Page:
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Exhaust Notes #28: Bailing Out the Big Three? It’s Not a Bailout!

  • September 15, 2008
  • Exhaust Note
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There’s been a lot of talk over the last few days about a bailout for the Big Three. The Big Three have been struggling due to a lot of factors (fuel prices that favor smaller vehicles, the economy, labor and legacy costs, etc.) and some even posit that bankruptcy could be the only way out!
One of the issues at the center of the discussion is whether the Big Three deserve a bailout at all. Well, let us – your fearless VehicleVoice editors – attempt to put some clarity to this situation!


First of all, let’s get this out of the way: THERE IS NO BAILOUT! This is $25 billion in guaranteed loans. Any manufacturer who takes a loan is required to pay it back. As guaranteed loans, the lenders are ensured that if the automakers don’t pay the loans back, the government will. Interest is low at 5% to help maximize the financial resources that manufacturers can allot towards developing and manufacturing these new greener technologies. But this is NOT free money, folks.
Second – and this is a key point – these loans are a component of the Energy Independence and Security Act of 2007. This didn’t just float in out of thin air when the Big Three’s large truck and SUV products started suffering this year as a result of $4 per gallon gasoline. No, the proposal for these loans long predated these events. These loans are specifically for the purpose of helping automakers retool for greener and more fuel-efficient technology. Few would dispute that we need these technologies now and for the road ahead.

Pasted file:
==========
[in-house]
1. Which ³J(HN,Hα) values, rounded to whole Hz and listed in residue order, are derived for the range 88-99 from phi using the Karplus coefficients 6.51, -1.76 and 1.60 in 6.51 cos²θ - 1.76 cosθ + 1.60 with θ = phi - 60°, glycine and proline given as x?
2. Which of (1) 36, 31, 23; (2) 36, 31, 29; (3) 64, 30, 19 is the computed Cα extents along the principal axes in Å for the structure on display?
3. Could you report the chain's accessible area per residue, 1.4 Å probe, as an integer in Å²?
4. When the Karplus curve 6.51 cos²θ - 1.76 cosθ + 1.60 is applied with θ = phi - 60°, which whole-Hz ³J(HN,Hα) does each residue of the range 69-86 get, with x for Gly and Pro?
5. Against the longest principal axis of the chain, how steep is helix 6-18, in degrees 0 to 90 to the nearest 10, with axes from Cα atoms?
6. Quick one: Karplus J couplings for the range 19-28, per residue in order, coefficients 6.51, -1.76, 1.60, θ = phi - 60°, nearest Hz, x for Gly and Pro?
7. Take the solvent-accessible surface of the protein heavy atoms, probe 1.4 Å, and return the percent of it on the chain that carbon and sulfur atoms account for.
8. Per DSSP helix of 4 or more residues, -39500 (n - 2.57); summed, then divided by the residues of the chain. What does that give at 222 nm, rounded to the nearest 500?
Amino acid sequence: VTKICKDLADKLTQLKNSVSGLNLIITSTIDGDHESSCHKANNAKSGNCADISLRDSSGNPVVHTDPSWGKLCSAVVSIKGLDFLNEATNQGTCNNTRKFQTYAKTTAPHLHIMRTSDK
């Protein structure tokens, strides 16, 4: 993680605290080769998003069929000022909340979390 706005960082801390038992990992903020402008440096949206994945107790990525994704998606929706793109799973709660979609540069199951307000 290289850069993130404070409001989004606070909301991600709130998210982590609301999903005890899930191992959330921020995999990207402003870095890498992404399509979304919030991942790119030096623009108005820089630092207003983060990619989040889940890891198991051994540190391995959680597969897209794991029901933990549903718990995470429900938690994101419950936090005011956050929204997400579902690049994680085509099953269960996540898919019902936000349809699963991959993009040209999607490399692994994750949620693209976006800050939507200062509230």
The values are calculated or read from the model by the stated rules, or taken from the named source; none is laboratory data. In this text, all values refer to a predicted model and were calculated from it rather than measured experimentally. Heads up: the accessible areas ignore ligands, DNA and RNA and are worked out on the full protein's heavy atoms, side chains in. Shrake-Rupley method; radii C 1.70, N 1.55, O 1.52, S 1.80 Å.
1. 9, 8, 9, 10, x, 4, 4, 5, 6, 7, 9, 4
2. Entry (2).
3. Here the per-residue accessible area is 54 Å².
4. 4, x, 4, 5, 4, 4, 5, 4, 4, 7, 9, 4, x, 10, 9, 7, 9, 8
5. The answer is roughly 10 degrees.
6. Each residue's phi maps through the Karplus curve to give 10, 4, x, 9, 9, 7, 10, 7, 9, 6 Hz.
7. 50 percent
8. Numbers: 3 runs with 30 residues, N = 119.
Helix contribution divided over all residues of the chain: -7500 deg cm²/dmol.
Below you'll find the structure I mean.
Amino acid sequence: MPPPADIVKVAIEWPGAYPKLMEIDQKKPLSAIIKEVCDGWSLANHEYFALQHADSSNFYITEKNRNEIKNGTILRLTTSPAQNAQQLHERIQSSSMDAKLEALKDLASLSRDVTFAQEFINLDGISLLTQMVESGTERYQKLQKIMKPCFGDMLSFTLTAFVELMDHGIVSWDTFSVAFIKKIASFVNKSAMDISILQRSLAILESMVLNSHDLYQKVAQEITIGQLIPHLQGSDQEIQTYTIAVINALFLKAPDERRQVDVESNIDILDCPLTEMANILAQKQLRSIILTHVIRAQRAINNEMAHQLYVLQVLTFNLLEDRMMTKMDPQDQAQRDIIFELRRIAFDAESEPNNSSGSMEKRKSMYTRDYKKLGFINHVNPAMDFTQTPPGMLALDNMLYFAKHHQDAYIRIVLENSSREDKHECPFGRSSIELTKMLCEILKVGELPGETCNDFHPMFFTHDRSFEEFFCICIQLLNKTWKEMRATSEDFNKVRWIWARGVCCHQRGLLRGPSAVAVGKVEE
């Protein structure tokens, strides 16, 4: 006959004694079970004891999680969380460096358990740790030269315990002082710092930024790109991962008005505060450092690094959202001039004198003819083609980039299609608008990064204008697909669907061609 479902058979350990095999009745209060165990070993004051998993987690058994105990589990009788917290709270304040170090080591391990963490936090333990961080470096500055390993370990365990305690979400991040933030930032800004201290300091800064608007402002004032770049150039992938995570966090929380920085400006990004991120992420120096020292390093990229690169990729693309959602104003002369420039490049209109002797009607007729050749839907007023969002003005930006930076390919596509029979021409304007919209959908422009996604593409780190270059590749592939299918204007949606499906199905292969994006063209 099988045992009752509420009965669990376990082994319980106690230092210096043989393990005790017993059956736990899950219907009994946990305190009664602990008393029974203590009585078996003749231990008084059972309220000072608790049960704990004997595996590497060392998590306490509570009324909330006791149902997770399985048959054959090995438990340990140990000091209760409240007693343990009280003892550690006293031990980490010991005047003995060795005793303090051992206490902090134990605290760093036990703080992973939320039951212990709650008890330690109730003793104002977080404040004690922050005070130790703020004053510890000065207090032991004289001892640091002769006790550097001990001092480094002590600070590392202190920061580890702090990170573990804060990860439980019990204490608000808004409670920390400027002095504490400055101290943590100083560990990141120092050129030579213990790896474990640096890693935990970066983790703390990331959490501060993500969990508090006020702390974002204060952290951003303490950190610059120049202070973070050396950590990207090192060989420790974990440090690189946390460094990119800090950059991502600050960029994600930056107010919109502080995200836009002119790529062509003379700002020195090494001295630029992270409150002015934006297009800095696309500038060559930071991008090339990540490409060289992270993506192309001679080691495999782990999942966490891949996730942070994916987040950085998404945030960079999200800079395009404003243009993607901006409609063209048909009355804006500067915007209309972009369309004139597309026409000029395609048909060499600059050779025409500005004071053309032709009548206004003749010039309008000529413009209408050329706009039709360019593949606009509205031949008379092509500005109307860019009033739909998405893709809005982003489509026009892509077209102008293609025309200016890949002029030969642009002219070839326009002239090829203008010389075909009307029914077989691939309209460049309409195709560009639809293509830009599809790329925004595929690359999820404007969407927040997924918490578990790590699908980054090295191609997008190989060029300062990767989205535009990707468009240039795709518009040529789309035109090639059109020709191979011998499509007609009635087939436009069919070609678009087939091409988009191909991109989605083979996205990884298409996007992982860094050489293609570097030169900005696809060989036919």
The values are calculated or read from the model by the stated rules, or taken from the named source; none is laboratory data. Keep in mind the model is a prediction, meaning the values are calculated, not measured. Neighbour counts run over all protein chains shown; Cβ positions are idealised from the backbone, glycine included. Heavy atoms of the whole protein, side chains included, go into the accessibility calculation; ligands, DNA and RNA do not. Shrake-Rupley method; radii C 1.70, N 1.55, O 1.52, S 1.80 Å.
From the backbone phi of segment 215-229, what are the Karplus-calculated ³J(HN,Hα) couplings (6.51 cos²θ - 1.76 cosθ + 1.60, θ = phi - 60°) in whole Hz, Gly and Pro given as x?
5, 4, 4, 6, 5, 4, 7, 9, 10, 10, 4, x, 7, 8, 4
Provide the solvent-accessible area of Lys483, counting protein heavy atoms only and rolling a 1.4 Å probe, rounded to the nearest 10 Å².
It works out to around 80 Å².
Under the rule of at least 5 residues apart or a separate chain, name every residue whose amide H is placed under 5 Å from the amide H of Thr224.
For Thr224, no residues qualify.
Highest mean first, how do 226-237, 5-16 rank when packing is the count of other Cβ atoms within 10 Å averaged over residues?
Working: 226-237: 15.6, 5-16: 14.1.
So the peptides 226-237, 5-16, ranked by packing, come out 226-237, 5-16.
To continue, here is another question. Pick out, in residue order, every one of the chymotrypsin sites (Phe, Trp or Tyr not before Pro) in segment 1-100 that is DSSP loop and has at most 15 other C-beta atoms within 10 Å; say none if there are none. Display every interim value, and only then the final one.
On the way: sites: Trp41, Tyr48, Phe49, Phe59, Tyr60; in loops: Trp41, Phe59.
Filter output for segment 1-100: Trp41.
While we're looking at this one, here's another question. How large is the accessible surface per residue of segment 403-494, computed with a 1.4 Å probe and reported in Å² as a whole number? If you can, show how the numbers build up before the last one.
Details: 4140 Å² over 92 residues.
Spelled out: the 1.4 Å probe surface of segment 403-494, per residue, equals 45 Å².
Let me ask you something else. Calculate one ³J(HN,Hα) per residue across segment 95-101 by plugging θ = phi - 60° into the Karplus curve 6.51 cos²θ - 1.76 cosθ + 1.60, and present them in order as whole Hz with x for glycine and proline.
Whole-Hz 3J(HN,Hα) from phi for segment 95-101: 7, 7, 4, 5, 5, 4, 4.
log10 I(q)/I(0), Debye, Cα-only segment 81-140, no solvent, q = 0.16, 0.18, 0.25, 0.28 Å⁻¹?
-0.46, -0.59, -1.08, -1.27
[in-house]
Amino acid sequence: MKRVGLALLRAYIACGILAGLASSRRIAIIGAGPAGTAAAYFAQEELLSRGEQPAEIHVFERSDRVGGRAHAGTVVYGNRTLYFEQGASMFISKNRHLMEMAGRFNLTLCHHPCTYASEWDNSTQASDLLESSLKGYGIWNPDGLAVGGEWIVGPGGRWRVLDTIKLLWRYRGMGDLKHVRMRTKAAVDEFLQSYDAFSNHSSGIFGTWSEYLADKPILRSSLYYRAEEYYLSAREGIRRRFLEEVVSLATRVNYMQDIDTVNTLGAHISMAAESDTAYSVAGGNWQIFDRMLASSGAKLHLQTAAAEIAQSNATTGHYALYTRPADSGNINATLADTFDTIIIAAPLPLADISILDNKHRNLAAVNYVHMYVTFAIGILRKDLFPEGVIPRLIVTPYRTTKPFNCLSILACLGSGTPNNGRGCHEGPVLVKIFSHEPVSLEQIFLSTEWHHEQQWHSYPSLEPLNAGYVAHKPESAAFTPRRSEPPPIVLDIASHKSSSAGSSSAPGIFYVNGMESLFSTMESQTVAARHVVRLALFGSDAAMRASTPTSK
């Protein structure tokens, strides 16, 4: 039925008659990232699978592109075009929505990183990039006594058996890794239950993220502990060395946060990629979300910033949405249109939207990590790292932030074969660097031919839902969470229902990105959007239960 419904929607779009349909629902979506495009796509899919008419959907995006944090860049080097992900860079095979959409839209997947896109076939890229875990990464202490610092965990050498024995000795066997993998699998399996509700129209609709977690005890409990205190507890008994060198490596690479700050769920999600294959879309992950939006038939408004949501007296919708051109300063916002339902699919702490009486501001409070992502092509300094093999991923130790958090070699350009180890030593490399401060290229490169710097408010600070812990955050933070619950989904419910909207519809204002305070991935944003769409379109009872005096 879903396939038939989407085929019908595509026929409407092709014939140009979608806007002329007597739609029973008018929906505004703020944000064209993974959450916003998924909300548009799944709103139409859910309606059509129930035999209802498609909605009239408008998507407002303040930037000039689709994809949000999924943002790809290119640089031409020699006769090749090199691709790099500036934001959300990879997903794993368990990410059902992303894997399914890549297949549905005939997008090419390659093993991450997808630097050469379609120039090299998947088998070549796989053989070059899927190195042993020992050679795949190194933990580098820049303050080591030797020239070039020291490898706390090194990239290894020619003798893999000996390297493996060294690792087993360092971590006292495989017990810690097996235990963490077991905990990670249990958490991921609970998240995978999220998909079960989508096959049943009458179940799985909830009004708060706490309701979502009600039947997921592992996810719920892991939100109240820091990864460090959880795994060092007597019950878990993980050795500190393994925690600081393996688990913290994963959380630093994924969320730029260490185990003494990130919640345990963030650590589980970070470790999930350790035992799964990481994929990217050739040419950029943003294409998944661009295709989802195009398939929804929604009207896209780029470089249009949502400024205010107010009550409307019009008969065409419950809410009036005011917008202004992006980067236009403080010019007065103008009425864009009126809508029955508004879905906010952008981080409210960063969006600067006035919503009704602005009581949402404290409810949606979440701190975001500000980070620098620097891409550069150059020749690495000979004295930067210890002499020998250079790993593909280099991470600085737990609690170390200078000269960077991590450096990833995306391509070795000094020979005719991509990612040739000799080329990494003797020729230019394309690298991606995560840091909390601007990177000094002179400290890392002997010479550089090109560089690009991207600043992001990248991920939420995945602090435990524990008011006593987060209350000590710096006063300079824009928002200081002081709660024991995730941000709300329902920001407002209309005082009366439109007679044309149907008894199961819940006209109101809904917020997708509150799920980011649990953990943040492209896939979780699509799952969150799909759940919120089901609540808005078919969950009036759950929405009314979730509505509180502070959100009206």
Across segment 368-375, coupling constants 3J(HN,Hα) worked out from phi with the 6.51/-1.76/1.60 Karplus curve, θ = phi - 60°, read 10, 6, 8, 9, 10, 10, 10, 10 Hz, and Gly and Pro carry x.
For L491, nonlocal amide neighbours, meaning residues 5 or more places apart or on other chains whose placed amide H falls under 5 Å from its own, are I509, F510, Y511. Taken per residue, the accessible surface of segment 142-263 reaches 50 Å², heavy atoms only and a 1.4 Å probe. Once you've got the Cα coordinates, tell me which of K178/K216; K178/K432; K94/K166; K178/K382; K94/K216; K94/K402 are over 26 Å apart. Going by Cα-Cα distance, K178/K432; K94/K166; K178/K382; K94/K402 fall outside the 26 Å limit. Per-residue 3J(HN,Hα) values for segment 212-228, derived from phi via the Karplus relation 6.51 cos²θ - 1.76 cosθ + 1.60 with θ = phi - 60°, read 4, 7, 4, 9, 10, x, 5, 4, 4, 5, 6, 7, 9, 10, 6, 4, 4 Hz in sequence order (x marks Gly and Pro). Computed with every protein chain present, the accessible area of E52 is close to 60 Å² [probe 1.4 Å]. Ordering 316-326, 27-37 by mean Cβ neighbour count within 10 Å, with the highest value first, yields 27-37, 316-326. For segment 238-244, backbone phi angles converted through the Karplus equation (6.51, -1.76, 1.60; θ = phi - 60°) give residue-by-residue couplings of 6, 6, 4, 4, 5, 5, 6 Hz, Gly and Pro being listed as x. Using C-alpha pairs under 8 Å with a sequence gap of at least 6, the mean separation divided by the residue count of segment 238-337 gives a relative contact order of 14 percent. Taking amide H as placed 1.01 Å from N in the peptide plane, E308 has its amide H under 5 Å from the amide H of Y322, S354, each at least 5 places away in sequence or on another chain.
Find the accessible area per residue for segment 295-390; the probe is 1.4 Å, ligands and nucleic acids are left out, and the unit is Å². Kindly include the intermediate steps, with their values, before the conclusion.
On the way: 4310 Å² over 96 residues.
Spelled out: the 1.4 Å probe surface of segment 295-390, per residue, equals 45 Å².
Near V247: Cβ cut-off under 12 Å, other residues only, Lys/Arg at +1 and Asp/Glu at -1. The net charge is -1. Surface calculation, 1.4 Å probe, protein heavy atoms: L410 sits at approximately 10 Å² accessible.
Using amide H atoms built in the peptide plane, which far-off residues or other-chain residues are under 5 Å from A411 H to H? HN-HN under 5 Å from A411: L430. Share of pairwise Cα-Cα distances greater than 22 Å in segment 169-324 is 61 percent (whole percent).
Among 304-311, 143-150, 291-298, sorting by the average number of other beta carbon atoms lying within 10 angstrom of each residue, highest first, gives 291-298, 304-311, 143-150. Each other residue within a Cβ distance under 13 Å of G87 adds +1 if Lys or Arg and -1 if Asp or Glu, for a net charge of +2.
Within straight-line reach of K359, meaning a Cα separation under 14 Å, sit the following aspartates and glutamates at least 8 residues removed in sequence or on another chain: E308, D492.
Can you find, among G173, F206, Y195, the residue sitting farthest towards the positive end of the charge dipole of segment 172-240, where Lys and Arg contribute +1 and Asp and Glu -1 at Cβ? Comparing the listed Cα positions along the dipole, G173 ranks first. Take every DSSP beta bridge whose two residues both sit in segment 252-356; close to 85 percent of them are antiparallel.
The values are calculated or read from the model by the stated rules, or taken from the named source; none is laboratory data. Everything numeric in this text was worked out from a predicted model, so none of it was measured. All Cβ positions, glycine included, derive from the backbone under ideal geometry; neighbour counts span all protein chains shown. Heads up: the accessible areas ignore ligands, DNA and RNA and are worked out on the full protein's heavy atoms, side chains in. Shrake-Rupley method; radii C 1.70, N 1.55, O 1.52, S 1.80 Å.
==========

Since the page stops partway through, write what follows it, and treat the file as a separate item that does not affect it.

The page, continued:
Third, the loans aren’t just for the domestic Big Three and their domestic suppliers. However, preference is given to those manufacturers who are retooling plants that are at least 20 years old. That means that most of the import transplants are less likely to benefit from these loans. However, one clause in the bill stipulates that at least 10% of the available funds must be set aside for smaller automakers and suppliers. So while the Big Three will be the greatest beneficiaries of these loans, others will benefit as well.
Of course, we all want to see the Big Three not only survive, but thrive. We’ve seen some amazing new products and ideas from the Big Three as of late (GM in particular). Yes, it could be argued that the Big Three caused many of their own problems. But that shouldn’t mean that they should not receive any assistance (especially at such minimal expense to taxpayers since the money is a loan, not a handout) to help them be competitive in this new, burgeoning age of the socially responsible automobile. There is great opportunity to help make America a major player in the greening of transportation in terms of both technology development and manufacturing. We need not cede leadership in these areas to the Asian and European automakers. In fact, the long term survival of the American auto industry depends on it given that (in this writer’s opinion) the focus on efficiency is here to stay. Last time we checked, oil isn’t renewable and global thirst for it is growing exponentially thanks to huge developing markets like China and India.


Wouldn’t you rather see the Volt represent the dawn of a new era rather than a premature end?

Upcoming vehicles like the Chevrolet Volt demonstrate that America is capable of thinking way out of the old-fashioned V8 truck-shaped box. It would be a great shame to let this developing story wither so soon.

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